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Moon may have water

Sept. 23, 2009
Courtesy Science
and World Science staff

Da­ta col­lect­ed by three space­crafts sug­gest there may be wa­ter on the Moon, sci­en­tists say.

The da­ta, ac­cord­ing to re­search­ers, point to the pres­ence of ei­ther wa­ter or hy­drox­yl, a mol­e­cule con­sist­ing of two of the three at­oms in a wa­ter mol­e­cule. These find­ings are forc­ing a re­ex­amina­t­ion of the tra­di­tion­al no­tion that our Moon is com­pletely dry, re­search­ers said.

A di­a­gram show­ing a stream of charged hy­dro­gen atoms flow­ing out­ward from the Sun to the Moon. One pos­si­ble sce­nar­i­o to ex­plain wa­ter on the lu­nar sur­face is that when the Moon is ex­posed to this so­lar wind, the charged par­t­i­cles lib­er­ate ox­y­gen from lu­nar min­er­als to form wa­ter and hy­drox­yl. The sur­face of the Moon is color-coded in this im­age to mark dif­fer­ent tem­per­a­tures. (Im­age cour­te­sy U. Mary­land/F. Mer­lin/Mc­REL)


Carle Pieters of Brown Un­ivers­ity in Rho­de Is­land and col­leagues re­viewed da­ta from the In­di­an Space Re­search Or­ga­nisa­t­ion’s Chan­dra­yaan-1 space mis­sion. They found that light was be­ing ab­sorbed near the lu­nar poles at wave­lengths, or en­er­gies, con­sist­ent with hy­drox­yl- and wa­ter-bearing ma­te­ri­als. 

Sci­en­tists said it was­n’t clear how much wa­ter there might be. Re­gard­less, the find­ings are pub­lished in the Sept. 25 is­sue of the re­search jour­nal Sci­ence. The re­port by Pieters and col­leagues, along with two oth­er pa­pers, say the wa­ter or hy­drox­yl on the Moon’s sur­face seems to be­come more abun­dant as one gets clos­er to the poles.

Rog­er Clark of the U.S. Ge­o­log­i­cal Sur­vey used da­ta from a high tech in­stru­ment on the the Cas­si­ni mis­sion of NASA and the Eu­ro­pe­an Space Agen­cy to iden­ti­fy this wa­ter or hy­drox­yl near the poles and at low­er lat­i­tudes as well. 

Jes­si­ca Sun­shine of the Un­ivers­ity of Mar­y­land and col­leagues de­scribed in­fra­red light map­ping by NASA’s Deep Im­pact space­craft that like­wise con­firmed the pres­ence of wa­ter or hy­drox­yl in trace amounts over much of the Moon’s sur­face.

Hy­drox­yl con­sists of an at­om of ox­y­gen an an at­om of hy­dro­gen. Wa­ter mol­e­cules have an ad­di­tion­al hy­dro­gen at­om. 

The find­ings sug­gest that the forma­t­ion and re­ten­tion of these mol­e­cules is an on­go­ing pro­cess on the lu­nar sur­face. Moreo­ver, the so­lar wind, a con­stant out­flow of par­t­i­cles from the Sun, could be re­spon­si­ble for form­ing these mol­e­cules, ac­cord­ing to re­search­ers. They spec­u­late that the wa­ter or hy­drox­yl in the po­lar re­gions of the Moon might have mi­grat­ed there over time, at­tracted to the colder en­vi­ron­ment.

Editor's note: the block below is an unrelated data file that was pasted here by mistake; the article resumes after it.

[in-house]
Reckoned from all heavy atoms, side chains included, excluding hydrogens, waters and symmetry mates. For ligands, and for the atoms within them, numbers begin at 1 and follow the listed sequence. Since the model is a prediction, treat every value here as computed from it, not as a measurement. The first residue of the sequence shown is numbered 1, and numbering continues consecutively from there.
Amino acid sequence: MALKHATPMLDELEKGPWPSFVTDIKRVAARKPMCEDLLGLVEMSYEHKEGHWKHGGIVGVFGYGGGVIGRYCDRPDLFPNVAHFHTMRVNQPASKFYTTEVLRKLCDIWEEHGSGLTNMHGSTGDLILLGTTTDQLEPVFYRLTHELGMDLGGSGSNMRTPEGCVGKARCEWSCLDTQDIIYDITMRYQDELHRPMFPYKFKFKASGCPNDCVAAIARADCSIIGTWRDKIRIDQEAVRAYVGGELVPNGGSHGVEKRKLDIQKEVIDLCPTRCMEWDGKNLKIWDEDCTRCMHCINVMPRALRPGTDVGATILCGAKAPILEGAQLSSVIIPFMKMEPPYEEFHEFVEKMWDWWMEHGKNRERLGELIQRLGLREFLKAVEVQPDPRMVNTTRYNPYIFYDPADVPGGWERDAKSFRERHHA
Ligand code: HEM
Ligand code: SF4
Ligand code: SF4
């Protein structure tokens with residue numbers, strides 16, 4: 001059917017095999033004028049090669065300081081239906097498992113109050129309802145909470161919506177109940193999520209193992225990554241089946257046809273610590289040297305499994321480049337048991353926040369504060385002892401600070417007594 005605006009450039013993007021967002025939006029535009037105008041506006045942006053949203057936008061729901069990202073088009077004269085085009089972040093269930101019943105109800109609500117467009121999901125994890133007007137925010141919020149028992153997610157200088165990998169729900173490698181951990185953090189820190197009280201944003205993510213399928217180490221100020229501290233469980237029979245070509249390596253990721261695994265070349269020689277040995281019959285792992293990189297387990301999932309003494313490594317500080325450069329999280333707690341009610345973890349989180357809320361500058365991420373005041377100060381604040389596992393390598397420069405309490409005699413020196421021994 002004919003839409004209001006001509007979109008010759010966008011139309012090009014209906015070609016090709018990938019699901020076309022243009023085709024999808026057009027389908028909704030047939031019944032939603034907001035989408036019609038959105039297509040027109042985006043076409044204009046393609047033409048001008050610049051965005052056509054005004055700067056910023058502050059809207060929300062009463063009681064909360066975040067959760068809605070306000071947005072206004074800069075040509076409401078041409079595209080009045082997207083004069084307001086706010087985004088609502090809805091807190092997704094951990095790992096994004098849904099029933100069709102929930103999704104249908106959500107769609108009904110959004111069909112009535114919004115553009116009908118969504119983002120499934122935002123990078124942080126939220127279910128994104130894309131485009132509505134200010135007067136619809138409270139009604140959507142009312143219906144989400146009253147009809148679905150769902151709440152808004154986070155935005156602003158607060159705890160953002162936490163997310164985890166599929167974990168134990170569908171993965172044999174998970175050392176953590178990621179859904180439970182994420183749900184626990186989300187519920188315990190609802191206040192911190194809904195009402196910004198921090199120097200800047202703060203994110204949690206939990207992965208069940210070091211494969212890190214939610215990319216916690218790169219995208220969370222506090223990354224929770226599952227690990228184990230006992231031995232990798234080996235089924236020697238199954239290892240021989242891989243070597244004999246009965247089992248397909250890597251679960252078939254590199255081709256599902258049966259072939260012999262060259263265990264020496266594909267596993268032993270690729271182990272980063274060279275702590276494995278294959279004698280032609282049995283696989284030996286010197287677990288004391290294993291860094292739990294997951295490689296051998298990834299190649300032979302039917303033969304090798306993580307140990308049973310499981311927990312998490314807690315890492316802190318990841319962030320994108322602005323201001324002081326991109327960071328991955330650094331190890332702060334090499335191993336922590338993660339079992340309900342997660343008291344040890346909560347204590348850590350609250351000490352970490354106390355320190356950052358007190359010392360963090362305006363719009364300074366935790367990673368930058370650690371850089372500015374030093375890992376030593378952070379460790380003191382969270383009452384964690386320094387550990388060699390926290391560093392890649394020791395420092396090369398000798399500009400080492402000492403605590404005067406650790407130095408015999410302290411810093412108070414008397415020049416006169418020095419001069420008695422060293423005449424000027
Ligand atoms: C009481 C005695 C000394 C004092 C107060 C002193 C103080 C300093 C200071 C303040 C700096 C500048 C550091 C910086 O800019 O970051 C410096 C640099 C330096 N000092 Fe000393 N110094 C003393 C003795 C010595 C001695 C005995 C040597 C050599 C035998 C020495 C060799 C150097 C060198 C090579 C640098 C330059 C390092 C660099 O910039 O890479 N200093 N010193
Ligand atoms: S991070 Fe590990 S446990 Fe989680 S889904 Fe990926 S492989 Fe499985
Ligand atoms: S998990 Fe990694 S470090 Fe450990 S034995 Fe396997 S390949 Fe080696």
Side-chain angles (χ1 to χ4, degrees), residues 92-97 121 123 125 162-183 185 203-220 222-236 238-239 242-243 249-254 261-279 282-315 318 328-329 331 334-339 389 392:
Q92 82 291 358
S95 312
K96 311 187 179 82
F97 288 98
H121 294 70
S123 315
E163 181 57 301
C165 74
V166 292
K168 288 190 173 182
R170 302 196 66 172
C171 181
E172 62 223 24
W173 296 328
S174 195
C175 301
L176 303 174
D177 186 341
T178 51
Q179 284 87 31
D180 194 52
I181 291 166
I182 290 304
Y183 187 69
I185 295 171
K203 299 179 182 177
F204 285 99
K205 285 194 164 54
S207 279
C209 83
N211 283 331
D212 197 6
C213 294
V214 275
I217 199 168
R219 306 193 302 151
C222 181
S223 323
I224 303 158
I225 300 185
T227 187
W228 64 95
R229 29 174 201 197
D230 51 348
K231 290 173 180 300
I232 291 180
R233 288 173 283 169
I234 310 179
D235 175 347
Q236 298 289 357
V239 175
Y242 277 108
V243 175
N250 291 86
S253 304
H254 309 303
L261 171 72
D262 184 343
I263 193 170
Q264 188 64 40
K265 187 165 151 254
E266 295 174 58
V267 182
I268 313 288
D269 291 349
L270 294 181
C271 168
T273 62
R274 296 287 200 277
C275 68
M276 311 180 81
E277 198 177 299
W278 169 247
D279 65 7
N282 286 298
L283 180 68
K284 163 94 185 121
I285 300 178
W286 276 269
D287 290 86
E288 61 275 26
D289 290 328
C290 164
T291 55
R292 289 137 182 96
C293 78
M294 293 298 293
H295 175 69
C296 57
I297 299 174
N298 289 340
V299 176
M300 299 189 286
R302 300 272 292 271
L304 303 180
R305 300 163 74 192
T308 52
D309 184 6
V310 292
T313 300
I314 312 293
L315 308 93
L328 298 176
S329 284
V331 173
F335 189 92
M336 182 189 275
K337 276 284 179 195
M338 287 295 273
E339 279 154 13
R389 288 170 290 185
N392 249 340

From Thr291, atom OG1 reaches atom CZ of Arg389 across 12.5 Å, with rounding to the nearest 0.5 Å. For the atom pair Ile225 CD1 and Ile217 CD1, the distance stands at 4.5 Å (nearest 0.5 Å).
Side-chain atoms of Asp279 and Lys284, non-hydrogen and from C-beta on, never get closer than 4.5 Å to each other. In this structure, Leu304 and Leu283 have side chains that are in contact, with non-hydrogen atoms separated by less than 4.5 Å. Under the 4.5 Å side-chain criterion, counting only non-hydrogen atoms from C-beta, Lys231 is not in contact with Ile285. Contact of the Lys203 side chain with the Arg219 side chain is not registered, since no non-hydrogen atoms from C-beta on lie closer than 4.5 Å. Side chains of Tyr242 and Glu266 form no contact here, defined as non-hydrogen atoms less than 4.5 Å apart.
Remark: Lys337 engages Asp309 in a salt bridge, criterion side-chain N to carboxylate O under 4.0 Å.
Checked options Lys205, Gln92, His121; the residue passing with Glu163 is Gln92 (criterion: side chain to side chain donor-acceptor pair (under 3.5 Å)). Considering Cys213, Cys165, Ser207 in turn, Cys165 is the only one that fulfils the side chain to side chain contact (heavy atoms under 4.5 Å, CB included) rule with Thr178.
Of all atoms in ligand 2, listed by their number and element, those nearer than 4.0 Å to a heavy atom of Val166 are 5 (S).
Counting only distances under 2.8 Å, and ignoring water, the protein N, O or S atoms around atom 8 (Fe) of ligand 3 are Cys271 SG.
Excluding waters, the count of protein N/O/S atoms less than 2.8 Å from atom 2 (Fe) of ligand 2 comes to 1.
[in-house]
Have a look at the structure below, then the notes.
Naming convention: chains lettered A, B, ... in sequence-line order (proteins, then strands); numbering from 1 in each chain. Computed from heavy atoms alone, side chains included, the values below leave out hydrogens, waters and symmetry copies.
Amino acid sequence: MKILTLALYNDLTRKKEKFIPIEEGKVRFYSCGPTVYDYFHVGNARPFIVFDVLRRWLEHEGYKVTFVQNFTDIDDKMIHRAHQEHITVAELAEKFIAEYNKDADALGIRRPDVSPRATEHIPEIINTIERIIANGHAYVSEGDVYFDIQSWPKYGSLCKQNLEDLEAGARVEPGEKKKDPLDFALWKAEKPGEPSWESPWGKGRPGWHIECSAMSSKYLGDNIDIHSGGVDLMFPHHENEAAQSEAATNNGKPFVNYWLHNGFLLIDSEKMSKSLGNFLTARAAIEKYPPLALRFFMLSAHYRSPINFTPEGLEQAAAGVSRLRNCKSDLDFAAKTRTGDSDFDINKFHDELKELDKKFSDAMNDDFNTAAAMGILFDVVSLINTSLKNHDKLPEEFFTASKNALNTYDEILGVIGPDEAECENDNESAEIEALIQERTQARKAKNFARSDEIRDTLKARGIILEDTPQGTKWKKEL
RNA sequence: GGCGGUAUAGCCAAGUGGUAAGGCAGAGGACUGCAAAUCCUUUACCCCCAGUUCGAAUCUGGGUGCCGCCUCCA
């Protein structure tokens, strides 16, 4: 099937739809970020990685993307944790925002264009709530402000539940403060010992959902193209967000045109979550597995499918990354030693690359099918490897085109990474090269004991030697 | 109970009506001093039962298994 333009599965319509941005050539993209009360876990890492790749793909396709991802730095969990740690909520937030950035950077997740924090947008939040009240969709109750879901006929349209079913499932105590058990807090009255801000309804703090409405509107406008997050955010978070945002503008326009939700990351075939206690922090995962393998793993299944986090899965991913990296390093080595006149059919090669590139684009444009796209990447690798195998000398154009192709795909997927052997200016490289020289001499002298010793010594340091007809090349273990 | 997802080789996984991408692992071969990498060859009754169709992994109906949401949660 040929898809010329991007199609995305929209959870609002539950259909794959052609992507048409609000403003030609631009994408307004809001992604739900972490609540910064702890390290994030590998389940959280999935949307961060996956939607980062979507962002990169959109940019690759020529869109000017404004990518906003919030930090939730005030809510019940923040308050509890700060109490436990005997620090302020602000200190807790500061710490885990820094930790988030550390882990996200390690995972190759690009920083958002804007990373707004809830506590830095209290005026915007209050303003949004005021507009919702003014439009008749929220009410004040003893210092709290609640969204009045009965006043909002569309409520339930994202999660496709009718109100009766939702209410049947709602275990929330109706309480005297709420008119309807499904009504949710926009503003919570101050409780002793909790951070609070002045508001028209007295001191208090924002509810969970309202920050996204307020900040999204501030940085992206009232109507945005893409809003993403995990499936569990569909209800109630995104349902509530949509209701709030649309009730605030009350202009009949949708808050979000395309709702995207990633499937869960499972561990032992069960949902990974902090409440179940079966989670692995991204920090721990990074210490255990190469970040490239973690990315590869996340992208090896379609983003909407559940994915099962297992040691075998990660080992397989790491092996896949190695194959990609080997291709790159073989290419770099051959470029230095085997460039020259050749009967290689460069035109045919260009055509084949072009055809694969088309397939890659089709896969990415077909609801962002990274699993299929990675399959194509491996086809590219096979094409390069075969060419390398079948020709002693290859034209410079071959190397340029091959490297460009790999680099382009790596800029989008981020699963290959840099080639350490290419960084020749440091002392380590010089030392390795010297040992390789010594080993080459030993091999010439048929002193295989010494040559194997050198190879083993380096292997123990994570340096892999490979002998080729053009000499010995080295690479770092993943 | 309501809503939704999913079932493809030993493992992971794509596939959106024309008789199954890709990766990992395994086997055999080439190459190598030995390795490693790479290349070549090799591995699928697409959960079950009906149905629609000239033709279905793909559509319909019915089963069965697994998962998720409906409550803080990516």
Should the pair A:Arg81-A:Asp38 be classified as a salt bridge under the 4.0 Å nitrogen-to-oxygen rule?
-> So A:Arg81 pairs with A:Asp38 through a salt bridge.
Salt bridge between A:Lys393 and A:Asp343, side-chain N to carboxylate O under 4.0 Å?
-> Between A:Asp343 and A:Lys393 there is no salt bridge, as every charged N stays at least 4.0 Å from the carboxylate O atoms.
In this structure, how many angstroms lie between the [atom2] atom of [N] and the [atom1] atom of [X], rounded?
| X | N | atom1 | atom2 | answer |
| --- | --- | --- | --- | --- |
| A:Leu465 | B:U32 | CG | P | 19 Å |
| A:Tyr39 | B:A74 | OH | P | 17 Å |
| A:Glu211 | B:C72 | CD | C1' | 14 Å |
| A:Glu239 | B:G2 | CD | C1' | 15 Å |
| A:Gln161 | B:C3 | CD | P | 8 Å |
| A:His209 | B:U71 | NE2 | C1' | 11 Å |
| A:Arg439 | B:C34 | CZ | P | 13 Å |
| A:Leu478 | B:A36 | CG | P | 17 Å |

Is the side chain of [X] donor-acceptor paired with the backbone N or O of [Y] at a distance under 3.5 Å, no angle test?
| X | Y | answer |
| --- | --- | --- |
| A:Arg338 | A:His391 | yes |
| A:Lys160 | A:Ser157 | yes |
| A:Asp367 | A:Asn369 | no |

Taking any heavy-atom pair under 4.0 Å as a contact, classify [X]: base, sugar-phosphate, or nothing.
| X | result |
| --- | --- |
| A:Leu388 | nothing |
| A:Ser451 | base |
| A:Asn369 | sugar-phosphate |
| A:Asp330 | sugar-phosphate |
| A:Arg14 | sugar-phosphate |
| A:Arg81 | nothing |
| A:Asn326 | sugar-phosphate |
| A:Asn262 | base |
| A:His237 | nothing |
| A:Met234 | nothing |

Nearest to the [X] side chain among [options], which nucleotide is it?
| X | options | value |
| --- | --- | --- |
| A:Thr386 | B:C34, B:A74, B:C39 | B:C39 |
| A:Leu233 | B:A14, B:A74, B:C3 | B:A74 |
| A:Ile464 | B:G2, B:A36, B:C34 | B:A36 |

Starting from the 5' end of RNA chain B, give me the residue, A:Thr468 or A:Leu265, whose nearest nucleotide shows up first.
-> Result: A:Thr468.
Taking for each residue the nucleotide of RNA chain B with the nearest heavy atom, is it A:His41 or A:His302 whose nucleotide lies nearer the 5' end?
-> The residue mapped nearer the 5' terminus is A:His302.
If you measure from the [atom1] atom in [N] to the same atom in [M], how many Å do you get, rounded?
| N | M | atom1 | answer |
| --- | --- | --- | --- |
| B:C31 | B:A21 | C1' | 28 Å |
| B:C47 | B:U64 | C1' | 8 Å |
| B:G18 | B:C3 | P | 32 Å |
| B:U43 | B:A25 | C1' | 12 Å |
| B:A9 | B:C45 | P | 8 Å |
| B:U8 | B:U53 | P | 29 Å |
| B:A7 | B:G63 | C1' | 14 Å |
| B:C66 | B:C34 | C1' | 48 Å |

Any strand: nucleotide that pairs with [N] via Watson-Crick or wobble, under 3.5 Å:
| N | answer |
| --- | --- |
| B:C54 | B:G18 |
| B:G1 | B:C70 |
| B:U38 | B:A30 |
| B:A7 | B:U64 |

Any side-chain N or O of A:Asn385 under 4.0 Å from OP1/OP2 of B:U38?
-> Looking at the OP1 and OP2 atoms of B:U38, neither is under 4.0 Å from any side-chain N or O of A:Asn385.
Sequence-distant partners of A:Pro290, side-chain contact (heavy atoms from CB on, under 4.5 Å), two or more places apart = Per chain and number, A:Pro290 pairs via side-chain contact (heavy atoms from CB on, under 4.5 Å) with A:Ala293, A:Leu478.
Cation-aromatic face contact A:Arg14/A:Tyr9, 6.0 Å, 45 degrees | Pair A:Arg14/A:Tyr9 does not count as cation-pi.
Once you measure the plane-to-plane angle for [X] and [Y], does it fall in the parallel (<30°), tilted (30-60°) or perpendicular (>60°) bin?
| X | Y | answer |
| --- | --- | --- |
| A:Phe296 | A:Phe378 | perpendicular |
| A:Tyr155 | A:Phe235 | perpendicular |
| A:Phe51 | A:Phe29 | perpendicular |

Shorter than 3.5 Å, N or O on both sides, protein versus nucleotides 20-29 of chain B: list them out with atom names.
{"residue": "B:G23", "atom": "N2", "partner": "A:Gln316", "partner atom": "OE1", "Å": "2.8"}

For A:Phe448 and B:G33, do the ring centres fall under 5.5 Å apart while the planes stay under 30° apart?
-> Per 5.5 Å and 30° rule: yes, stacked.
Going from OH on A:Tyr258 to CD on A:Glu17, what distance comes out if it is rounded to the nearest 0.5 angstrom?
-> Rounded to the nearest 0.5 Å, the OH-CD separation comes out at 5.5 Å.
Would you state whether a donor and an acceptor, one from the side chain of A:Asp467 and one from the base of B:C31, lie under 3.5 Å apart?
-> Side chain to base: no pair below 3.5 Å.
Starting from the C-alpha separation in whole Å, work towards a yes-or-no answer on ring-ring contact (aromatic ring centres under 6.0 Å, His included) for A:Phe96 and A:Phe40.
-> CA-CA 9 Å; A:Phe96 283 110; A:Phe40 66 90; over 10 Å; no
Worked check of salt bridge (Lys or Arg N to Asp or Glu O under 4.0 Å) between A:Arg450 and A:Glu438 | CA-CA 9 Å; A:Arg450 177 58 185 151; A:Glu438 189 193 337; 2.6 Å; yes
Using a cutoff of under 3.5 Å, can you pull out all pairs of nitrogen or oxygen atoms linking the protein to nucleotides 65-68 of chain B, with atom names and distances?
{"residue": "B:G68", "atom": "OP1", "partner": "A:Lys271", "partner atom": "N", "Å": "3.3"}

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Data collected by three spacecrafts suggest there may be water on the Moon, scientists say. The data, according to researchers, point to the presence of either water or hydroxyl, a molecule consisting of two of the three atoms that form a water molecule. These findings are forcing a reexamination of the traditional notion that our Moon is completely dry, researchers said. Carle Pieters of Brown University in Rhode Island and colleagues reviewed data from the Indian Space Research Organisation’s Chandrayaan-1 space mission. They found that light was being absorbed near the lunar poles at wavelengths, or energies, consistent with hydroxyl- and water-bearing materials. Scientists said it wasn’t clear how much water there might be. Regardless, the findings are published in the Sept. 25 issue of the research journal Science. The report by Pieters and colleagues, along with two other papers, say the water or hydroxyl on the Moon’s surface seems to become more abundant as one gets closer to the poles. Roger Clark of the U.S. Geological Survey used data from a high tech instrument on the the Cassini mission of NASA and the European Space Agency to identify this water or hydroxyl near the poles and at lower latitudes as well. Jessica Sunshine of the University of Maryland and colleagues described infrared light mapping by NASA’s Deep Impact spacecraft that likewise confirmed the presence of water or hydroxyl in trace amounts over much of the Moon’s surface. Hydroxyl consists of an atom of oxygen an an atom of hydrogen. Water molecules have an additional hydrogen atom. The findings suggest that the formation and retention of these molecules is an ongoing process on the lunar surface. Moreover, the solar wind, a constant outflow of particles from the Sun, could be responsible for forming these molecules, according to researchers. They speculate that the water or hydroxyl in the polar regions of the Moon might have migrated there over time, attracted to the colder environment.